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PLoS One. 2009 Aug 14;4(8):e6644. doi: 10.1371/journal.pone.0006644.

Function of SSA subfamily of Hsp70 within and across species varies widely in complementing Saccharomyces cerevisiae cell growth and prion propagation.

Author information

  • 1Laboratory of Biochemistry and Genetics, National Institutes of Diabetes, Digestive and Kidney Diseases, National Institutes of Health, Bethesda, Maryland, USA.

Abstract

BACKGROUND:

The cytosol of most eukaryotic cells contains multiple highly conserved Hsp70 orthologs that differ mainly by their spatio-temporal expression patterns. Hsp70s play essential roles in protein folding, transport or degradation, and are major players of cellular quality control processes. However, while several reports suggest that specialized functions of Hsp70 orthologs were selected through evolution, few studies addressed systematically this issue.

METHODOLOGY/PRINCIPAL FINDINGS:

We compared the ability of Ssa1p-Ssa4p from Saccharomyces cerevisiae and Ssa5p-Ssa8p from the evolutionary distant yeast Yarrowia lipolytica to perform Hsp70-dependent tasks when expressed as the sole Hsp70 for S. cerevisiae in vivo. We show that Hsp70 isoforms (i) supported yeast viability yet with markedly different growth rates, (ii) influenced the propagation and stability of the [PSI(+)] and [URE3] prions, but iii) did not significantly affect the proteasomal degradation rate of CFTR. Additionally, we show that individual Hsp70 orthologs did not induce the formation of different prion strains, but rather influenced the aggregation properties of Sup35 in vivo. Finally, we show that [URE3] curing by the overexpression of Ydj1p is Hsp70-isoform dependent.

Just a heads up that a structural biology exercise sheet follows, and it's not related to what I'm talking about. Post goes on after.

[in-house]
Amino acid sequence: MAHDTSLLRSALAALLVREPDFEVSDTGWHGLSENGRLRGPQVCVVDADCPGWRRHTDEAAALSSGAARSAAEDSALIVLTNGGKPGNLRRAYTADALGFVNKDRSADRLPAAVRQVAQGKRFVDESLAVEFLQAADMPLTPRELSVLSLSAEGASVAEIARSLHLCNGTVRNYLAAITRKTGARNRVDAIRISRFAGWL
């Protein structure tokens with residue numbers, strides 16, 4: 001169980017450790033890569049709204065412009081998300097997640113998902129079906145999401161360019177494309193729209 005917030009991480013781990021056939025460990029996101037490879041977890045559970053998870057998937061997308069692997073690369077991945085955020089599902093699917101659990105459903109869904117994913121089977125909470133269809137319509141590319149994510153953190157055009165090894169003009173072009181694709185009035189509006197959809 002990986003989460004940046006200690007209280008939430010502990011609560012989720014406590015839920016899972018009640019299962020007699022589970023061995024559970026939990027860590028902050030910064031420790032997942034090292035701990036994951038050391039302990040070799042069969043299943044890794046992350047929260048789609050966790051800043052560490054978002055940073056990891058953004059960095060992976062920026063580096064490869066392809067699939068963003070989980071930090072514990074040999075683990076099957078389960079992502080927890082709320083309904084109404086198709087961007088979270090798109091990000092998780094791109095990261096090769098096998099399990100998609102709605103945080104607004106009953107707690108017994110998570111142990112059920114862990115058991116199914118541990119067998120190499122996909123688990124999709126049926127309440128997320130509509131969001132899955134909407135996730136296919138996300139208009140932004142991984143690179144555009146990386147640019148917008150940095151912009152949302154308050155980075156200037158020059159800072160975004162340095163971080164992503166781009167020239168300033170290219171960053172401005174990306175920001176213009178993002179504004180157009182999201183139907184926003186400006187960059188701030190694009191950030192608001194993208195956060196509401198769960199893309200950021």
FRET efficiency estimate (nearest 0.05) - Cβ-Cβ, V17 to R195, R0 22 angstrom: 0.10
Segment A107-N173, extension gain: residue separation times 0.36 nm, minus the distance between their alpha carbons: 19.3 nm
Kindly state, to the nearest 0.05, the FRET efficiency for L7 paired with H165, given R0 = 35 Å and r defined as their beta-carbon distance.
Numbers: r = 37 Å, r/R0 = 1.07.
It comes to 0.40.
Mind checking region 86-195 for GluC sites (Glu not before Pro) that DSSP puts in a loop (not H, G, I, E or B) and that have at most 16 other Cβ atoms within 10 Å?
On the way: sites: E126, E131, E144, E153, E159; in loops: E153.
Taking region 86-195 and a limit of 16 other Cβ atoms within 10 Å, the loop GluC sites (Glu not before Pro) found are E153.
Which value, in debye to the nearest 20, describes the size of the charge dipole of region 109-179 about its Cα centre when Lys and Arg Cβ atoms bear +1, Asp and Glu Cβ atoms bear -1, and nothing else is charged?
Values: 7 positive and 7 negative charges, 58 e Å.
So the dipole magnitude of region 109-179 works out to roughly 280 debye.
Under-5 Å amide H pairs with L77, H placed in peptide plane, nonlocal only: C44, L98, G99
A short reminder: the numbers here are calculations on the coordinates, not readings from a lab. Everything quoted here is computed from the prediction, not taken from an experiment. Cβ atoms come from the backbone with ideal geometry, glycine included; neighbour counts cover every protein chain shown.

CONCLUSION/SIGNIFICANCE:

Despite very high homology and overlapping functions, the different Hsp70 orthologs have evolved to possess distinct activities that are required to cope with different types of substrates or stress situations. Yeast prions provide a very sensitive model to uncover this functional specialization and to explore the intricate network of chaperone/co-chaperone/substrates interactions.

PMID:
19680550
[PubMed - indexed for MEDLINE]
PMCID:
PMC2721632
Free PMC Article

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